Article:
Fetal thrombocytopenia

What are Fetal Anemia and Thrombocytopenia?

Anemia is a lack of red blood cells in the fetal circulation. The red blood cells carry oxygen from the placenta to the fetal tissues. Thrombocytopenia is a lack of platelets in the circulation. Platelets are responsible for blood clotting.

Different conditions can cause the baby to become anemic. One of the most common disorders is rhesus immunization. In the disease, the mother forms antibodies against the red blood cells of the fetus. These antibodies are passed through the placenta into the fetal circulation and destroy the red blood cells of the fetus. Other, less common reasons for fetal anemia are fetal viral infections (parvovirus B 19), fetomaternal hemorrhage and inborn blood disorders.

Thrombocytopenia can be caused by the mother forming antibodies against the fetal platelets (fetal and neonatal alloimmune thrombocytopenia, FNAIT) or by viral infections.

Fetal anemia can be diagnosed by a specialized ultrasound that measures the speed of the blood flow in one of the vessels in the fetuses brain (middle cerebral artery). Fetal thrombocytopenia cannot be diagnosed by ultrasound. Thrombocytopenia however can sometimes be suspected when the fetus presents with a bleed in the brain or when a sibling was born with thrombocytopenia.

What is the outcome for a fetus with anemia or thrombocytopenia?

Mild and moderate anemia will not affect the fetal condition and the long-term outcome of these infants is excellent.

When a fetus is severely anemic, there will be insufficient red blood cells to sustain adequate oxygen transport to the tissues. The fetus will try to compensate for this by increasing its heart function, and circulating the available red blood cells faster. At some point however, the heart will not be able to maintain this high output and heart failure will develop. This may become evident by the accumulation of fluid under the fetuses skin, in the abdomen and in the chest (hydrops). Fetuses with this condition are very sick and may not survive.

As for anemia, mild and moderate thrombocytopenia will not affect the fetal condition, and the long-term outcome of these infants is excellent. In severe thrombocytopenia however, fetal blood clotting is severely impaired and minor trauma may lead to fetal bleeds. These will mainly occur in the brain and may cause severe long-term handicap.

What other tests should we consider?

When fetal anemia or thrombocytopenia are suspected, a detailed ultrasound at a specialized center such as the Fetal Medicine Unit at Mount Sinai Hospital is required to assess the severity of the disease. Further investigations include maternal blood work to investigate the cause of the anemia or thrombocytopenia. In certain circumstances, amniocentesis will be performed to determine the fetal karyotype and to exclude fetal infections. Fetal blood sampling allows direct determination of the fetal red blood cell  and platelet count.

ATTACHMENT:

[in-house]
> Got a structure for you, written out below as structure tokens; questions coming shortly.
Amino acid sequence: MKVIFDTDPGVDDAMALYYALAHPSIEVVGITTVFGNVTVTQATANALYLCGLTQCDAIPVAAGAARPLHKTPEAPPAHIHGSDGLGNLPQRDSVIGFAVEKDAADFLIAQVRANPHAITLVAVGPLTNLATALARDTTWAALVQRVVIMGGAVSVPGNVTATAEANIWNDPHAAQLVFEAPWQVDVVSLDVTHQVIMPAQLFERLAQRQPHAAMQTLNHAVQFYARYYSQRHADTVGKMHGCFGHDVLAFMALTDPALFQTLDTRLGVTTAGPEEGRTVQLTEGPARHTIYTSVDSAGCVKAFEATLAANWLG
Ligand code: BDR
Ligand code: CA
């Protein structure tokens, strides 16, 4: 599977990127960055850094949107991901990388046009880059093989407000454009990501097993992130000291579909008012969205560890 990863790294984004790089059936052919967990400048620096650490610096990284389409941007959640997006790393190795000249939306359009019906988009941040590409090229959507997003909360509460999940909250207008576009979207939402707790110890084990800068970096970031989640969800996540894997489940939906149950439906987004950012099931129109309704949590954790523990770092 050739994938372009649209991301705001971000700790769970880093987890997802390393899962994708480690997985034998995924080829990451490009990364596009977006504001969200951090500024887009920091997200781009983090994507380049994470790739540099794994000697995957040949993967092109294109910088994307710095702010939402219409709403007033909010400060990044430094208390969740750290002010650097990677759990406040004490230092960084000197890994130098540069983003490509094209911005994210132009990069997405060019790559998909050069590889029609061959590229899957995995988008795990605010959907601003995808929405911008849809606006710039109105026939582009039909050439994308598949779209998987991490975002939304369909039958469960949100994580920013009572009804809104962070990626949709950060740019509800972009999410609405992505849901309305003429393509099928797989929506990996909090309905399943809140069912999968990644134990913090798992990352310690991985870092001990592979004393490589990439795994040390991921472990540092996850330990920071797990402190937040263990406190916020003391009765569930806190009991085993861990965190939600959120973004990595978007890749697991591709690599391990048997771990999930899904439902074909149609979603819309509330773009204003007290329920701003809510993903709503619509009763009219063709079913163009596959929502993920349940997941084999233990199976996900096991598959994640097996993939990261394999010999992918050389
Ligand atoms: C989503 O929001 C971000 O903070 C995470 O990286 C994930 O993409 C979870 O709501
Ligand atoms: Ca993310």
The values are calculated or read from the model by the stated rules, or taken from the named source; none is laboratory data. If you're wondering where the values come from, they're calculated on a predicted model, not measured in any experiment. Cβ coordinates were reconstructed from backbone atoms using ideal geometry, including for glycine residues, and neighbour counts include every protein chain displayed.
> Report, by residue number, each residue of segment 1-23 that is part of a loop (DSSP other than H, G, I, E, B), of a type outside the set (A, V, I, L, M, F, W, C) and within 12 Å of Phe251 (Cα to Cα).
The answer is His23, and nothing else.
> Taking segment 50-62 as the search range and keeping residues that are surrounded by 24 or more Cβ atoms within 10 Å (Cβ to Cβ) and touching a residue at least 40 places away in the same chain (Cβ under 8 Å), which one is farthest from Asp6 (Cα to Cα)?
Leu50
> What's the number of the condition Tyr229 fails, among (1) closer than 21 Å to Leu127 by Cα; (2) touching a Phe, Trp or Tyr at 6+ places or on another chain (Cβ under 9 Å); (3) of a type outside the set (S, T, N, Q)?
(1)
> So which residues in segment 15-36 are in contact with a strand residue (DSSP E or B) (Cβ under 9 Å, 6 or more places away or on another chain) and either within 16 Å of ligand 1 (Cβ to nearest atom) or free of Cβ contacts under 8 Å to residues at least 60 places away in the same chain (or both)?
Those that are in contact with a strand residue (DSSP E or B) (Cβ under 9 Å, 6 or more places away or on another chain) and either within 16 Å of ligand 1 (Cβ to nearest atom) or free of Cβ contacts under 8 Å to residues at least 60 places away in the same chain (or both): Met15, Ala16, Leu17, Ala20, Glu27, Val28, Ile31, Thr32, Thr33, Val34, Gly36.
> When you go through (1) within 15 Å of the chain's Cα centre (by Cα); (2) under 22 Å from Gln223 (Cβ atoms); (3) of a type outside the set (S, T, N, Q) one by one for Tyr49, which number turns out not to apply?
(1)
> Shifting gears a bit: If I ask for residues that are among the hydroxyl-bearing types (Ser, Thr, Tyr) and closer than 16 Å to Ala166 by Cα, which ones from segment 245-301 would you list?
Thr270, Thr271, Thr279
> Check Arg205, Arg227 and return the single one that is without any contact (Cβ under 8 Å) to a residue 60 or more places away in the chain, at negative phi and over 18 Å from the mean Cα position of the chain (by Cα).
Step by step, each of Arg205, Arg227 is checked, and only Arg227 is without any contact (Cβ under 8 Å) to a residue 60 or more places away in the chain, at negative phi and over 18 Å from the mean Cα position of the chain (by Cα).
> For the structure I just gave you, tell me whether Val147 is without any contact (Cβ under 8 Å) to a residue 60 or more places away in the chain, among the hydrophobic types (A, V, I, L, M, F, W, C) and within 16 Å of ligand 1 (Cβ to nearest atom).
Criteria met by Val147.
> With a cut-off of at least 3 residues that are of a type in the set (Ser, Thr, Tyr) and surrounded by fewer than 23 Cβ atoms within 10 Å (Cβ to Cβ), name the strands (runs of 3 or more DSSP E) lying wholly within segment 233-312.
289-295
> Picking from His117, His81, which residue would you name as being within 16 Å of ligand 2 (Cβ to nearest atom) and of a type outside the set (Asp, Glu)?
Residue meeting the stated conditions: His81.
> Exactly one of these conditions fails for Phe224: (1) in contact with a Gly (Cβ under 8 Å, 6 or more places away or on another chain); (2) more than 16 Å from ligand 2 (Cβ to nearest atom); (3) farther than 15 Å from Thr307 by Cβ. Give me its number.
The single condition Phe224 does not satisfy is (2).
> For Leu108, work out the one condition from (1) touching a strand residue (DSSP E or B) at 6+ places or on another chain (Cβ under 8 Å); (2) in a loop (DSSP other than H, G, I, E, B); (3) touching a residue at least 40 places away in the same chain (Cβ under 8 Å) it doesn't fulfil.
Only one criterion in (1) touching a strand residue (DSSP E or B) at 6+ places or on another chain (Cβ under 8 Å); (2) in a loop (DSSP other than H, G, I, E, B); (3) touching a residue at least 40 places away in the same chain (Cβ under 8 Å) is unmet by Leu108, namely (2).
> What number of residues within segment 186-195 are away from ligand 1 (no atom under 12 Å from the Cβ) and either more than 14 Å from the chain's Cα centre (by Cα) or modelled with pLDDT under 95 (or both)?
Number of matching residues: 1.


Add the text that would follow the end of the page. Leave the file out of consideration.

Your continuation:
What therapies are available?

Mild or moderate fetal anemia does not require any prenatal therapy. These infants may however need light therapy (phototherapy) for jaundice after birth or may require a neonatal transfusion. When severe fetal anemia is diagnosed, intrauterine fetal transfusion may be considered. In experienced hands, intrauterine transfusions are successful in over 97% of cases. The rate of severe complications is 3% per procedure and the procedure related fetal loss rate is 1.6%. Overall survival after intrauterine transfusions is 75% if the fetus is hydropic at the first transfusion and over 90% in non-hydropic fetuses. This stresses the importance of close follow-up of fetuses at risk for fetal anemia and the need for referral to a fetal therapy center if severe anemia is suspected. A large follow-up study on neurologic outcomes after intrauterine transfusions for rhesus immunization shows a cerebral palsy rate of 2.1% and an overall risk for developmental delay of 4.8%. The risk of fetal death after intrauterine transfusions for hydropic fetuses with parvovirus B 19 infection is 30% and the risk of neurologic impairment in survivors is 10%.

Fetuses at high risk for thrombocytopenia due to FNAIT are treated preventatively with weekly immunoglobulin infusions to the mother, starting in the second trimester of pregnancy. Fetal blood sampling may be considered in the third trimester to document fetal platelet levels and to adjust further treatment. This strategy has significantly reduced the need for fetal platelet transfusions. The risk for severe thrombocytopenia causing intracranial hemorrhage after such prophylactic therapy is less than 5% and long-term outcomes are generally good.

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